Human rights group demands U.S government “move beyond ‘considering’ and into action now” on Rohingya crisis
Jan Dragin, Dragin Communications, 24/7, 011 339 236-0679
Shayna Lewis, UUSC, 617-301-4333
WASHINGTON, D.C./CAMBRIDGE, Mass. — October 24, 2017 — The head of the human rights organization Unitarian Universalist Service Committee (UUSC) cried outrage today at the hesitation of U.S. officials to endorse outright immediate strong action on Burma (Myanmar) and label as ethnic cleansing the recent violence that has killed hundreds and caused nearly 600,000 ethnic Rohingya to flee to refugee camps in neighboring Bangladesh.
Yet, at the close of this morning’s U.S. Senate Foreign Relations Committee hearing on Burma and the Rohingya crisis, UUSC President and Chief Executive Officer Tom Andrews said, “We applaud those Senators who are pressing ever harder and getting closer to the steps that can be taken, including the possibility of imposing further sanctions on Burma and its military leaders.”
Senators’ forceful comments and questions to administration testifiers in the hearing went as far as posing the advisability of reinstituting the longstanding U.S. sanctions against Burma’s previous repressive regime that the Obama administration had raised in 2012.
UUSC’s Andrews said, “This mounting pressure from our lawmakers is a step in the right direction, but one that should have been taken months ago.”
“If the administration truly believes that those who are responsible for this horror should be held accountable; that unhindered access and humanitarian aid must be allowed immediately to desperate Rohingya still captive in detention camps within Burma; and that hundreds of thousands of traumatized refugees now in Bangladesh should be resettled in Burma safely and with freedom—then, our administration needs to back up those words with action,” Andrews said.
Following an October 5 House of Representatives Foreign Affairs Committee hearing on the escalating Rohingya humanitarian crisis, UUSC’s Andrews had urged Congress then to press the administration on imposing further sanctions on Burma and its military.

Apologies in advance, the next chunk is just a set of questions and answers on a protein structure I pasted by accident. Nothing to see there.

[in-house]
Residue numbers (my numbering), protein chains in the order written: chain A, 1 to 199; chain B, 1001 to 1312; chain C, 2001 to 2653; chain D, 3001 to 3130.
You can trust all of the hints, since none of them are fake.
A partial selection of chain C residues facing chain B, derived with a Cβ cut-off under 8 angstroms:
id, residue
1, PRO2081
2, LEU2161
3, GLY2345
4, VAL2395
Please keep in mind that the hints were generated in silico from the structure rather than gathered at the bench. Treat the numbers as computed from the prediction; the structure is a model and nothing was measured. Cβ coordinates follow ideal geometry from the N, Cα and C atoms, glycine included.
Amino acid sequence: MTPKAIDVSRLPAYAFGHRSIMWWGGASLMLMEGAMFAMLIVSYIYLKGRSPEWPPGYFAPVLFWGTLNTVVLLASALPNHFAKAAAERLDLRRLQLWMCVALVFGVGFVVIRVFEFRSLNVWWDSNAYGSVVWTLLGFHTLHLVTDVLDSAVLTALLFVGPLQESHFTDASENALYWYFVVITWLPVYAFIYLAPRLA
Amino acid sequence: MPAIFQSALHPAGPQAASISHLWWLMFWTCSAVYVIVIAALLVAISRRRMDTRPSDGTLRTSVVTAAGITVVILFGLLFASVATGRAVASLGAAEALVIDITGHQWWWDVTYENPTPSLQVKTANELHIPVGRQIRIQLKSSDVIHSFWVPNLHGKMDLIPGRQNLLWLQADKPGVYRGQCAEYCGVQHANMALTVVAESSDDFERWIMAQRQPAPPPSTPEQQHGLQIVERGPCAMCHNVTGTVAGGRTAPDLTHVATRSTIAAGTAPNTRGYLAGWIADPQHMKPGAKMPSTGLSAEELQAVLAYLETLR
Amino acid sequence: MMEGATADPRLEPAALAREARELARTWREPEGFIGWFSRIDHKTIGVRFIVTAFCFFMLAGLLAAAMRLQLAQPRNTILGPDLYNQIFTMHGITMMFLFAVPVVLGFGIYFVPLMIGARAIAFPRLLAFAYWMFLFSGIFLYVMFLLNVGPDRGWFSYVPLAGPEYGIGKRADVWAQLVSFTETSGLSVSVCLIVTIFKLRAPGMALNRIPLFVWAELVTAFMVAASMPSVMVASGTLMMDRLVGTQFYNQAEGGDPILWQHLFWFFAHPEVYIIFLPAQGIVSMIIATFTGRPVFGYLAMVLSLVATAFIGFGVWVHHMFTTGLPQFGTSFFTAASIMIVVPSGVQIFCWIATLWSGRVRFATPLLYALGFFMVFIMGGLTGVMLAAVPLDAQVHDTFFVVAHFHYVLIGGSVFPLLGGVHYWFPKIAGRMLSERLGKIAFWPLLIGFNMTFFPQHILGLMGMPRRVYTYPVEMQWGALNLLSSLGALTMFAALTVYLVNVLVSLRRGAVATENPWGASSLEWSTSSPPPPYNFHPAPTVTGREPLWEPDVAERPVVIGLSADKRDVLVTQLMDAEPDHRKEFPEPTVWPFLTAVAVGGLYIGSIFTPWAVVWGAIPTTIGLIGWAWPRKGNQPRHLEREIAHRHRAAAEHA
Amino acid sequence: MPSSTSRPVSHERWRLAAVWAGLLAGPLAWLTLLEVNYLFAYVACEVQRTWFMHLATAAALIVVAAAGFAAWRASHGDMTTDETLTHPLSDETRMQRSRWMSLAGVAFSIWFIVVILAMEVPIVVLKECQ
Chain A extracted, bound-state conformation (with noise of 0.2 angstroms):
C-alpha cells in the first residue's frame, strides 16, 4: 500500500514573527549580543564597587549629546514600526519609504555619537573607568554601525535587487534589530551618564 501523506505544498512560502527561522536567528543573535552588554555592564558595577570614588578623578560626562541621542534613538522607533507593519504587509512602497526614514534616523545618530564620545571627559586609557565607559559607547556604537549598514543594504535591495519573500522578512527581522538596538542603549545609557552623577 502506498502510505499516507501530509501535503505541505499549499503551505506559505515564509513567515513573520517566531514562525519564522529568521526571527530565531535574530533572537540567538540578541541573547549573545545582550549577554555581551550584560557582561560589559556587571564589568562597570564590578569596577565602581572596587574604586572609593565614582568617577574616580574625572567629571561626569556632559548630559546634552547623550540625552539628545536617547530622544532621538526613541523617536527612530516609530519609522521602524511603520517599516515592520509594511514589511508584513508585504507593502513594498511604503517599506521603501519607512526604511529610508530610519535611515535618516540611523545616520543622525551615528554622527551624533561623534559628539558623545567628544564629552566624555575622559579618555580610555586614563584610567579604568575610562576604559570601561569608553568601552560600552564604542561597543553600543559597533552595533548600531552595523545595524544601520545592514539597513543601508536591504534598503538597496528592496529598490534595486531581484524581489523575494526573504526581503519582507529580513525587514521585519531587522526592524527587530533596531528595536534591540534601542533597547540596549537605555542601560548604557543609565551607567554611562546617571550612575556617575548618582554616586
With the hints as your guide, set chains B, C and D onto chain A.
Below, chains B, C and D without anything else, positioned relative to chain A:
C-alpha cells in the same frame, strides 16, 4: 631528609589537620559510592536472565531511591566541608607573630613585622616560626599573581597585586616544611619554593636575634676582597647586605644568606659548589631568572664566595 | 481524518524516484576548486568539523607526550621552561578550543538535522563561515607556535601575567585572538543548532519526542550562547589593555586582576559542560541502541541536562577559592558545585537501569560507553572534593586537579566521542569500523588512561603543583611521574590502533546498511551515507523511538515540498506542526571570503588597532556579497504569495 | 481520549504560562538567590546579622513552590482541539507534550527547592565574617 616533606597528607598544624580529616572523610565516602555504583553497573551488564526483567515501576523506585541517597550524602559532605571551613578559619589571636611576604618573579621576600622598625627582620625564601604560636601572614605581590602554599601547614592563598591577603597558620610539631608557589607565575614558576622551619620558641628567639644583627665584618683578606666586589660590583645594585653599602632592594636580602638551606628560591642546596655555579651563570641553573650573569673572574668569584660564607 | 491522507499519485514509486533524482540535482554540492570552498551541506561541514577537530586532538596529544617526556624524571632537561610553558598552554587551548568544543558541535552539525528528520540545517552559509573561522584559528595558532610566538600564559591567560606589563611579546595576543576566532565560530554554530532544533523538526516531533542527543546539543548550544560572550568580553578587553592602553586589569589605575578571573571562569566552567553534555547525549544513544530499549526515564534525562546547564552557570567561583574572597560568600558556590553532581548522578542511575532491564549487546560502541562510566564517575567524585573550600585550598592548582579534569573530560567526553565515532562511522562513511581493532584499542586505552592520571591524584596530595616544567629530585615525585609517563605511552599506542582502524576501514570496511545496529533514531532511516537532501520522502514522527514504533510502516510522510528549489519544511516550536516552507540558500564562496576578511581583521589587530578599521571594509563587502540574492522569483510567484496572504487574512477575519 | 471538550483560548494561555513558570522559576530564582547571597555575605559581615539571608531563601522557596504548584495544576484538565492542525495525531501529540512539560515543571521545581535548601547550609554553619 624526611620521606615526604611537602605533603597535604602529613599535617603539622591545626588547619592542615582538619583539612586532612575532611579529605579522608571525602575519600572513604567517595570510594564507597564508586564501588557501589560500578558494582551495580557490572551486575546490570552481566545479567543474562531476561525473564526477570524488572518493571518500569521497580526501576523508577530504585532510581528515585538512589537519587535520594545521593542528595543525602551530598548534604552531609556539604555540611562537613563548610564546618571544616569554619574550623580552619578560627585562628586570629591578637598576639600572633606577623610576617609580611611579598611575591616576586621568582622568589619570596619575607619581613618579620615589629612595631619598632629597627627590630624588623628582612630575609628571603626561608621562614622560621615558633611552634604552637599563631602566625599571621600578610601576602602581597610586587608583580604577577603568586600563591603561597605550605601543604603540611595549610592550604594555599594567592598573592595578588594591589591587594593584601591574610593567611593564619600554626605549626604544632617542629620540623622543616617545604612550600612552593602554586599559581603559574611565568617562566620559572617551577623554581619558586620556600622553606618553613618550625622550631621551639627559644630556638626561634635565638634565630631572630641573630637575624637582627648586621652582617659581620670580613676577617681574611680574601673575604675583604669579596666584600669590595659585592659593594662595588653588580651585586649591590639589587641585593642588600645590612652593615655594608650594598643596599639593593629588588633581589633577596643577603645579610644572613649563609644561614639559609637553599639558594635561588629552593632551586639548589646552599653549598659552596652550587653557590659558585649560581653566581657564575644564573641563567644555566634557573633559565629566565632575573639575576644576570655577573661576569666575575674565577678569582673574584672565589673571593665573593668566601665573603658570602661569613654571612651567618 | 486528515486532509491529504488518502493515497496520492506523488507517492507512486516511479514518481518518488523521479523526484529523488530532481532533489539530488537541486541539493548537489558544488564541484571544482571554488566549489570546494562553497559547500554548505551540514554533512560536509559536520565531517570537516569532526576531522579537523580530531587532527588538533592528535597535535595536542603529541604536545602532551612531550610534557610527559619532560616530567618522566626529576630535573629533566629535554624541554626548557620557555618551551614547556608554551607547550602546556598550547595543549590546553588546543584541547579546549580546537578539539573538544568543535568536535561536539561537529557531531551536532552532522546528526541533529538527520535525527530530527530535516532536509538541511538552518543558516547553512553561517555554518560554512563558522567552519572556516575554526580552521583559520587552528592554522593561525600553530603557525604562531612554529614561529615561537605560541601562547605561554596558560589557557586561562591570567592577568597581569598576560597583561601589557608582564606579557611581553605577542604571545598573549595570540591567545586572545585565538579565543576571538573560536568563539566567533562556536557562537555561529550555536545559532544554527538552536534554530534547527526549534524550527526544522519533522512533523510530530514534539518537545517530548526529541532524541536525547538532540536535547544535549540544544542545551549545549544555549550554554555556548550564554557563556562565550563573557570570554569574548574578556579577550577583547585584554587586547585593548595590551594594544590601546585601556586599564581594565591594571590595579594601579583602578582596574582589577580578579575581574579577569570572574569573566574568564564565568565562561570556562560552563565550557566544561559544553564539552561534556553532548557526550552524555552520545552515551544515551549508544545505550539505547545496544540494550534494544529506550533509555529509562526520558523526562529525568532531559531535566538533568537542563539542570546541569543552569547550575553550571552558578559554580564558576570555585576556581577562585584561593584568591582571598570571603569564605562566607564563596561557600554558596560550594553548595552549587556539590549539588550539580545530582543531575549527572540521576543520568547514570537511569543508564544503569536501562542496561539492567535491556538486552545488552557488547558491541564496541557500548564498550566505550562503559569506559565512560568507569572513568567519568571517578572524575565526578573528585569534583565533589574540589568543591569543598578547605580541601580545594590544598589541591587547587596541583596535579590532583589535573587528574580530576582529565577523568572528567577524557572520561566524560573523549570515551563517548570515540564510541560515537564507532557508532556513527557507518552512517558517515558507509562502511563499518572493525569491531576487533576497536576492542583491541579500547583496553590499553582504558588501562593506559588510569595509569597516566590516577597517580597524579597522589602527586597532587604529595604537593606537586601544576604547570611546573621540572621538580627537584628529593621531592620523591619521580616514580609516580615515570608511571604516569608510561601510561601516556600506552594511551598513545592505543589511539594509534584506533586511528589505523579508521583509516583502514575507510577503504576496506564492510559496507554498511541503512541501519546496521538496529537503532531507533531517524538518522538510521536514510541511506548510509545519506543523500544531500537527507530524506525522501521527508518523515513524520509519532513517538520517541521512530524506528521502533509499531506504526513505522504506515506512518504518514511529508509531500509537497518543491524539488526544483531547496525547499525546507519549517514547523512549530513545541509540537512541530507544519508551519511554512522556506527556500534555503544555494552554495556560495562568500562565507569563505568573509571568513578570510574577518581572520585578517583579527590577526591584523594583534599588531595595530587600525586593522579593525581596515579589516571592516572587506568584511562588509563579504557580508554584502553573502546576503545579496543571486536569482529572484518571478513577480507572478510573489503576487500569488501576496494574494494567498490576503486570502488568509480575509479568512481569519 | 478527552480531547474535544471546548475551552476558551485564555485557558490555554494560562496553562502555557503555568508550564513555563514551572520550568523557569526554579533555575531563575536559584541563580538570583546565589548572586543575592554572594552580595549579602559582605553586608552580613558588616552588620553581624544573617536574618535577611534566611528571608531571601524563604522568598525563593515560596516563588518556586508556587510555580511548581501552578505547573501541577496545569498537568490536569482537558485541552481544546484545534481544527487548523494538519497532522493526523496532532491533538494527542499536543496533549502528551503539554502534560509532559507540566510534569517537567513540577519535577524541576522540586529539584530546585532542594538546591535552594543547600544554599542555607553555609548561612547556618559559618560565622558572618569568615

Andrews, a former member of Congress, travelled to the region and refugee camps in Bangladesh earlier this year, meeting with Rohingya families who had escaped after the first wave of military attacks against Rohingya villages in Rakhine State.
UUSC’s Andrews said, “We’re now in the midst of one of the world’s most severe humanitarian crises. So finally, today, it was at least encouraging to hear leading State Department representatives say that steps are being taken and that the administration is considering further targeted sanctions against Burma or its military.
“But we now demand more than encouragement. Our patience is worn out and the lives and rights of many thousands of innocents are on the line. We must move beyond ‘considering’ and into action now,” he said.
In today’s Senate committee hearing, administration officials who testified dodged the question, as they had done in the earlier House committee hearing, as to whether what is happening to the Rohingya is ethnic cleansing.
Senator Ben Cardin, ranking Democrat on the Senate Foreign Relations Committee, said he considered the treatment of the Rohingya as genocide.
Massachusetts Senator Ed Markey, Senator John McCain, and others recently were instrumental in having further U.S. support to Burma’s military struck from U.S. defense spending legislation. Responding at today’s hearing, Markey said the Rohingya crisis “reminds us very much of El Salvador,” in terms of the United States “giving money to military leaders who led death squads.” Markey said the U.S. has to press harder on Burma.